Why Tuberculosis Persists
In 2015, more than ten million new cases of tuberculosis were reported, and almost two million people died from it. TB has survived as a global scourge because political leaders ignore its sociological components; scientists lack an effective paradigm for comprehending it; and the rich and famous no longer die from it.
SAN FRANCISCO – It surprises many people in Europe and North America that tuberculosis (TB) remains one of the great scourges in human history. One out of every three people in the world is infected with latent or sub-clinical TB, and scientists predict that 10% of them will manifest the disease as age and other illnesses compromise their immune systems. In 2015, more than ten million new cases of TB were reported, and almost two million people died from it.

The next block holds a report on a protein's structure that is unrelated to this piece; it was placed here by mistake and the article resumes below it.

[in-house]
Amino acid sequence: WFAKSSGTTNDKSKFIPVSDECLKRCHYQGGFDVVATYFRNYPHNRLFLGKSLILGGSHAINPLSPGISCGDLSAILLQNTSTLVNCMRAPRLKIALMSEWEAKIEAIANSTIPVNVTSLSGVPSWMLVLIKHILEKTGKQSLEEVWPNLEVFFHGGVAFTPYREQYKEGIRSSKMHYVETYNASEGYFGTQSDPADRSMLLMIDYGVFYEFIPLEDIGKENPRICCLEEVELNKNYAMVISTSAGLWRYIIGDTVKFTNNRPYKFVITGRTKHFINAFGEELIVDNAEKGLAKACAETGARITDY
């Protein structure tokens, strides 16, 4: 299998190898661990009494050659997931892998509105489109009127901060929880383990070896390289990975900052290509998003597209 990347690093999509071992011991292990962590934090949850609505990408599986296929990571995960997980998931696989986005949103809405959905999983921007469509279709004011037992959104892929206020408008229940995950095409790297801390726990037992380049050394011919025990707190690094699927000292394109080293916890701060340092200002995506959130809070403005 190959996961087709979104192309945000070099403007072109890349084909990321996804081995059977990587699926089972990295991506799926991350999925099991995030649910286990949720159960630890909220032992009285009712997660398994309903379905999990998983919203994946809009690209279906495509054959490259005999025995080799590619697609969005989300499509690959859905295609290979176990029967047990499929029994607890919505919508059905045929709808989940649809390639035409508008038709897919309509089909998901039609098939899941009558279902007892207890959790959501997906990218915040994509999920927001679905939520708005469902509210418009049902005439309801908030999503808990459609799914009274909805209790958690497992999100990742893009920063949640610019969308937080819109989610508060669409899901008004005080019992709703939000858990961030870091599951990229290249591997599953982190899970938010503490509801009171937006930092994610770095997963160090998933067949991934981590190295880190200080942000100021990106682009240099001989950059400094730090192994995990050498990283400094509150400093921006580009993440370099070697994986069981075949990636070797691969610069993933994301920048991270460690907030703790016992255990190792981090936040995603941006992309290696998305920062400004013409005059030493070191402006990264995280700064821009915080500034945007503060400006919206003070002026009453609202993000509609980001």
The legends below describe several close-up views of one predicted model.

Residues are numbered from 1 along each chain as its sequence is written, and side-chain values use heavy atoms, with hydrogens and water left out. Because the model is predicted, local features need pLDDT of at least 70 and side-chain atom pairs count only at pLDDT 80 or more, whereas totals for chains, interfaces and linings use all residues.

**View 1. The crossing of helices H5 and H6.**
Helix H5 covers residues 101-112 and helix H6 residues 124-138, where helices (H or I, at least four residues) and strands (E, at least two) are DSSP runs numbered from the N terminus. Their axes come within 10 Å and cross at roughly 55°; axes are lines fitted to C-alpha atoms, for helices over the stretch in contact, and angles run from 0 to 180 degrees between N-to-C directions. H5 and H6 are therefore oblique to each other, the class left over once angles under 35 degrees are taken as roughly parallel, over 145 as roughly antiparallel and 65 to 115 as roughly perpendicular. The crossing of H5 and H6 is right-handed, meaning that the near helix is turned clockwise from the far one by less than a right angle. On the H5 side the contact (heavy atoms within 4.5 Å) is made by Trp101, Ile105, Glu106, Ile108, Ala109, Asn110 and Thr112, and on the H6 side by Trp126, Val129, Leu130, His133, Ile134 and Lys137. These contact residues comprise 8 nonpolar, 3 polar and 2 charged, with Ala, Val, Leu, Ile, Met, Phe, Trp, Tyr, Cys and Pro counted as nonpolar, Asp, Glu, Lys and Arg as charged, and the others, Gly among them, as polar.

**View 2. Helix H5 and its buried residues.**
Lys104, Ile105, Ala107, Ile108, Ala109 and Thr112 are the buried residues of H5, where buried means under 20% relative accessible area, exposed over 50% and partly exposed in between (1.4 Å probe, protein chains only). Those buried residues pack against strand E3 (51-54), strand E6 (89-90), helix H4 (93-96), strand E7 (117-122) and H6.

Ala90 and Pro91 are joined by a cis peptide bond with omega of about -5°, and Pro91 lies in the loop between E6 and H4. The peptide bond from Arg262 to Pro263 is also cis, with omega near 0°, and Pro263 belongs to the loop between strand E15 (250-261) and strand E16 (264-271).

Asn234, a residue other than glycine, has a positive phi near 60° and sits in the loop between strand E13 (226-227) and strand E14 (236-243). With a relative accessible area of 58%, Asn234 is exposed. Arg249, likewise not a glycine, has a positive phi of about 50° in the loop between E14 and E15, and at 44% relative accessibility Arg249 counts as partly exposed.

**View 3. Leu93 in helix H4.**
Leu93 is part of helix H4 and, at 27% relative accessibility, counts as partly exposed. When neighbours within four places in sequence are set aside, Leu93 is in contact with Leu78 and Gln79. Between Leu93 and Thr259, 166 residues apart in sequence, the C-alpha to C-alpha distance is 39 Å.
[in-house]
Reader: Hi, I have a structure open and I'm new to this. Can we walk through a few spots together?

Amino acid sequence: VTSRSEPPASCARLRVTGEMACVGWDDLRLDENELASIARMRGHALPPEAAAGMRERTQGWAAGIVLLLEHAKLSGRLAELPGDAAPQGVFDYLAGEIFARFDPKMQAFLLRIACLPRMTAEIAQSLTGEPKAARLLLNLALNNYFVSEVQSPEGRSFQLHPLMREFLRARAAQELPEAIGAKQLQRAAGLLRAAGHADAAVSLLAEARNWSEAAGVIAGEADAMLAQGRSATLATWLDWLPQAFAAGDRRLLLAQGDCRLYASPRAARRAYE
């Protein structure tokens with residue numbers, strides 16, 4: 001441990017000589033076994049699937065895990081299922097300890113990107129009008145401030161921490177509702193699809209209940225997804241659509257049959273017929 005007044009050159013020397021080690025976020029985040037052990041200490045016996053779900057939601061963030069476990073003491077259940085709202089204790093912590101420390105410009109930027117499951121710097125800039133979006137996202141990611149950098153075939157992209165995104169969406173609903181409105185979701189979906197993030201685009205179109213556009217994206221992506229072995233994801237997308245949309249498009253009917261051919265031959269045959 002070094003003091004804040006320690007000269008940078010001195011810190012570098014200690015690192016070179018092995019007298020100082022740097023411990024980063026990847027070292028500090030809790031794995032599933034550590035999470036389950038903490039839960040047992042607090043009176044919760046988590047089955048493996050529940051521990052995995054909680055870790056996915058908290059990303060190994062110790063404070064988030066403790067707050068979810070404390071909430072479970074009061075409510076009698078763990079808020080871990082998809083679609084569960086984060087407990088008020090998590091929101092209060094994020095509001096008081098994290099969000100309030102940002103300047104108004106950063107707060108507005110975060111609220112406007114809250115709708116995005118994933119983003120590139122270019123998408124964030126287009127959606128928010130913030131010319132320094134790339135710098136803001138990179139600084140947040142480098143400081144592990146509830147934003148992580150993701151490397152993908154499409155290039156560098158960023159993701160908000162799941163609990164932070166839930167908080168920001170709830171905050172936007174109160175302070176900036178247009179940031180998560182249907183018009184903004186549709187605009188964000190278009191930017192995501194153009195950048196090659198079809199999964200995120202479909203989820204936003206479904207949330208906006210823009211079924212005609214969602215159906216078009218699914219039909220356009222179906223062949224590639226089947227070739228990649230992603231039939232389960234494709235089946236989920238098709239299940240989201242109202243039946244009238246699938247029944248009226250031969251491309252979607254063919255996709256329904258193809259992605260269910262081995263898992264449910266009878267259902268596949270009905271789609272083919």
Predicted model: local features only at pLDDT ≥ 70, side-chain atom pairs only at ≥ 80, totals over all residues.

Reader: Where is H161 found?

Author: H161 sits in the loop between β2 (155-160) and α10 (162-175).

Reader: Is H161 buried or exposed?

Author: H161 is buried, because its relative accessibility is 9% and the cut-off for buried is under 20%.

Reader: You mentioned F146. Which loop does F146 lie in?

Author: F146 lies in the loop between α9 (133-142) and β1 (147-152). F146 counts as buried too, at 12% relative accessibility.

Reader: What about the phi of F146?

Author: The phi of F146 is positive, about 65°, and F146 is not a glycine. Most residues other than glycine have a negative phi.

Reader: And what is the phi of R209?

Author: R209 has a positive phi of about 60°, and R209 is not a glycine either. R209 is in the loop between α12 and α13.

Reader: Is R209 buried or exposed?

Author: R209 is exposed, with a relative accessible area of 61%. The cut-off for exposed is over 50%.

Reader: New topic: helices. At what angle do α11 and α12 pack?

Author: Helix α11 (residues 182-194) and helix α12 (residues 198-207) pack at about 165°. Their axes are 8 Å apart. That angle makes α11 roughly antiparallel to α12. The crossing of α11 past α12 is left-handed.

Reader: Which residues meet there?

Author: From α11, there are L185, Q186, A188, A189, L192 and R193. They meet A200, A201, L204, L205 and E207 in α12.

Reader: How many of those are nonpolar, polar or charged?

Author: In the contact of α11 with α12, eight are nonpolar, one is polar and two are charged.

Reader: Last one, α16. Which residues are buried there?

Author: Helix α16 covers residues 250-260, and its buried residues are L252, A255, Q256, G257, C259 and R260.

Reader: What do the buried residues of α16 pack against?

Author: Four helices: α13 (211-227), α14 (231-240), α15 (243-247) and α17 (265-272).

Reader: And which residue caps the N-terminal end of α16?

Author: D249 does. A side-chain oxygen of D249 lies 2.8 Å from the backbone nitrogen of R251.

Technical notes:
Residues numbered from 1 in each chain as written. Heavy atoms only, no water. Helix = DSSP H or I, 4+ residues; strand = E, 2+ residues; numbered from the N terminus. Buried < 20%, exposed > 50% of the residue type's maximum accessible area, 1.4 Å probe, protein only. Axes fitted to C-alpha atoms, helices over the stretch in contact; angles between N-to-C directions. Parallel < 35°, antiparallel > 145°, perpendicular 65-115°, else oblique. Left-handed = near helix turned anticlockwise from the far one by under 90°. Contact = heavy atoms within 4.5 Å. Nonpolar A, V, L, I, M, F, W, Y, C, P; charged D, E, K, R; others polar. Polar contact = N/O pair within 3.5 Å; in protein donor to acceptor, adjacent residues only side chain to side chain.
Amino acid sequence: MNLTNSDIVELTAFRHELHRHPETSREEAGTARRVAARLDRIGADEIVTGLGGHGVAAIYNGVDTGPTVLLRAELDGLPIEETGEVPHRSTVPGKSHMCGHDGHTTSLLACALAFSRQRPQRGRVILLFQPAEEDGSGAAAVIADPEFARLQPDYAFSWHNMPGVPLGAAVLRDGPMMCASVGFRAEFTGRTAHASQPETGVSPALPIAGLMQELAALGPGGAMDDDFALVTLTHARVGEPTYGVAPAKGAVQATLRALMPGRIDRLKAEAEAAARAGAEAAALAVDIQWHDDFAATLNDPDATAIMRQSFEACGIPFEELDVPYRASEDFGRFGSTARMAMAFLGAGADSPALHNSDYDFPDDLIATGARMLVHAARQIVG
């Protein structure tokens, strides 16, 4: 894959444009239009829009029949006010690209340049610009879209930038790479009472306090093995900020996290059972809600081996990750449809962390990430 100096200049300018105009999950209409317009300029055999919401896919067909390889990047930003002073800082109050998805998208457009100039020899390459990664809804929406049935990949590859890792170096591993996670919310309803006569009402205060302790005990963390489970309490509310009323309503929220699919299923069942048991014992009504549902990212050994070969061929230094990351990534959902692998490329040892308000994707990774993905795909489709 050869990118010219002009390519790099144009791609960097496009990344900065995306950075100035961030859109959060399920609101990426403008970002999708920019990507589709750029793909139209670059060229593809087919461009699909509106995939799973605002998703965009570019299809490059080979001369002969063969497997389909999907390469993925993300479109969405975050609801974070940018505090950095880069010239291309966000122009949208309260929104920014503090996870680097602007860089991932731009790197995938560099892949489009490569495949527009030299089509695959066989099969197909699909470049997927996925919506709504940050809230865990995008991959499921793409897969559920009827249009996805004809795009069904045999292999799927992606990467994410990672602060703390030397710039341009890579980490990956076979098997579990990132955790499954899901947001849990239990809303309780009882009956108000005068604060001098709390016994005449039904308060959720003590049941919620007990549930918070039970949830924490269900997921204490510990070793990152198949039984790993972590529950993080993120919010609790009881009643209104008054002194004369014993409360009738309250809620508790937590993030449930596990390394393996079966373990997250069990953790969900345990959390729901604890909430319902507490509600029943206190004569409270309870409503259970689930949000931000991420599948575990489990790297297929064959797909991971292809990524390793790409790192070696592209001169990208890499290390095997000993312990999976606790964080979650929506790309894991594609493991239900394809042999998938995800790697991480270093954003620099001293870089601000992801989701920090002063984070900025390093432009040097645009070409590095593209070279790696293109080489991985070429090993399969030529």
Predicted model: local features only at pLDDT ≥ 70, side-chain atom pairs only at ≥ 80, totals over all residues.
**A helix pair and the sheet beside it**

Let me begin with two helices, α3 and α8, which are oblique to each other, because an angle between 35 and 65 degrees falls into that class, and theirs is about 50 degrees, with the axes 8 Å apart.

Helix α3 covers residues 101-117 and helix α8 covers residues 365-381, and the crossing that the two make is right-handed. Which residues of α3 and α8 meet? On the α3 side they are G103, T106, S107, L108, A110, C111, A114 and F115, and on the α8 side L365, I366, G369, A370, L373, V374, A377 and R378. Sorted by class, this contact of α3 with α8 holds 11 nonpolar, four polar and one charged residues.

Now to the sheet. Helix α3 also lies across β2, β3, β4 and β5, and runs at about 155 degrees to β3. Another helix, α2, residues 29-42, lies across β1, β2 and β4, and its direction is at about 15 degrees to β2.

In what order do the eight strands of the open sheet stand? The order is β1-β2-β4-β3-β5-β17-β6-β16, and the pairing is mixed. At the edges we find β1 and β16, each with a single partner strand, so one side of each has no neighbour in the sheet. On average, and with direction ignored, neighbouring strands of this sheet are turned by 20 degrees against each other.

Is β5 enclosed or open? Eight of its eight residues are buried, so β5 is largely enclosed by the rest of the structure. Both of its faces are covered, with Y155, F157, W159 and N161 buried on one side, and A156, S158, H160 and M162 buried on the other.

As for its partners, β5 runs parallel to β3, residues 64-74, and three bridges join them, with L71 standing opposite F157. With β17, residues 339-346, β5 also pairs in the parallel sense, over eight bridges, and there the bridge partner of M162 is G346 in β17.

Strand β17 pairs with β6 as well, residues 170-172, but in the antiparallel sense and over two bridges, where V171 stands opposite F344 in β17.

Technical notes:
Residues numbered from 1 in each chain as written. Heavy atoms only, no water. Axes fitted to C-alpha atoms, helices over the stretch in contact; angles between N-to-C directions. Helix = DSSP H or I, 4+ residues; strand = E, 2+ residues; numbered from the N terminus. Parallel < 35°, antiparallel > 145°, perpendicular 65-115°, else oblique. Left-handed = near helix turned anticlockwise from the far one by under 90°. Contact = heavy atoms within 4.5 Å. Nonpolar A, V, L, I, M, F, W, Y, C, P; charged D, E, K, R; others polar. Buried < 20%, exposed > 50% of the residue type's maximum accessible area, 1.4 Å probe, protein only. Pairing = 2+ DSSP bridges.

There are three reasons why TB persists: political leaders do not understand the sociology behind it, scientists lack an effective paradigm to attack it, and the rich and famous no longer die from it.
TB once affected every stratum of society, but it now afflicts the most vulnerable populations. This makes it an ideal meme for artists and activists who focus on social justice. The incidence of drug-resistant TB is on the rise, because the health-care systems of poor countries lack the resources to screen for TB and to help patients comply with their therapies.
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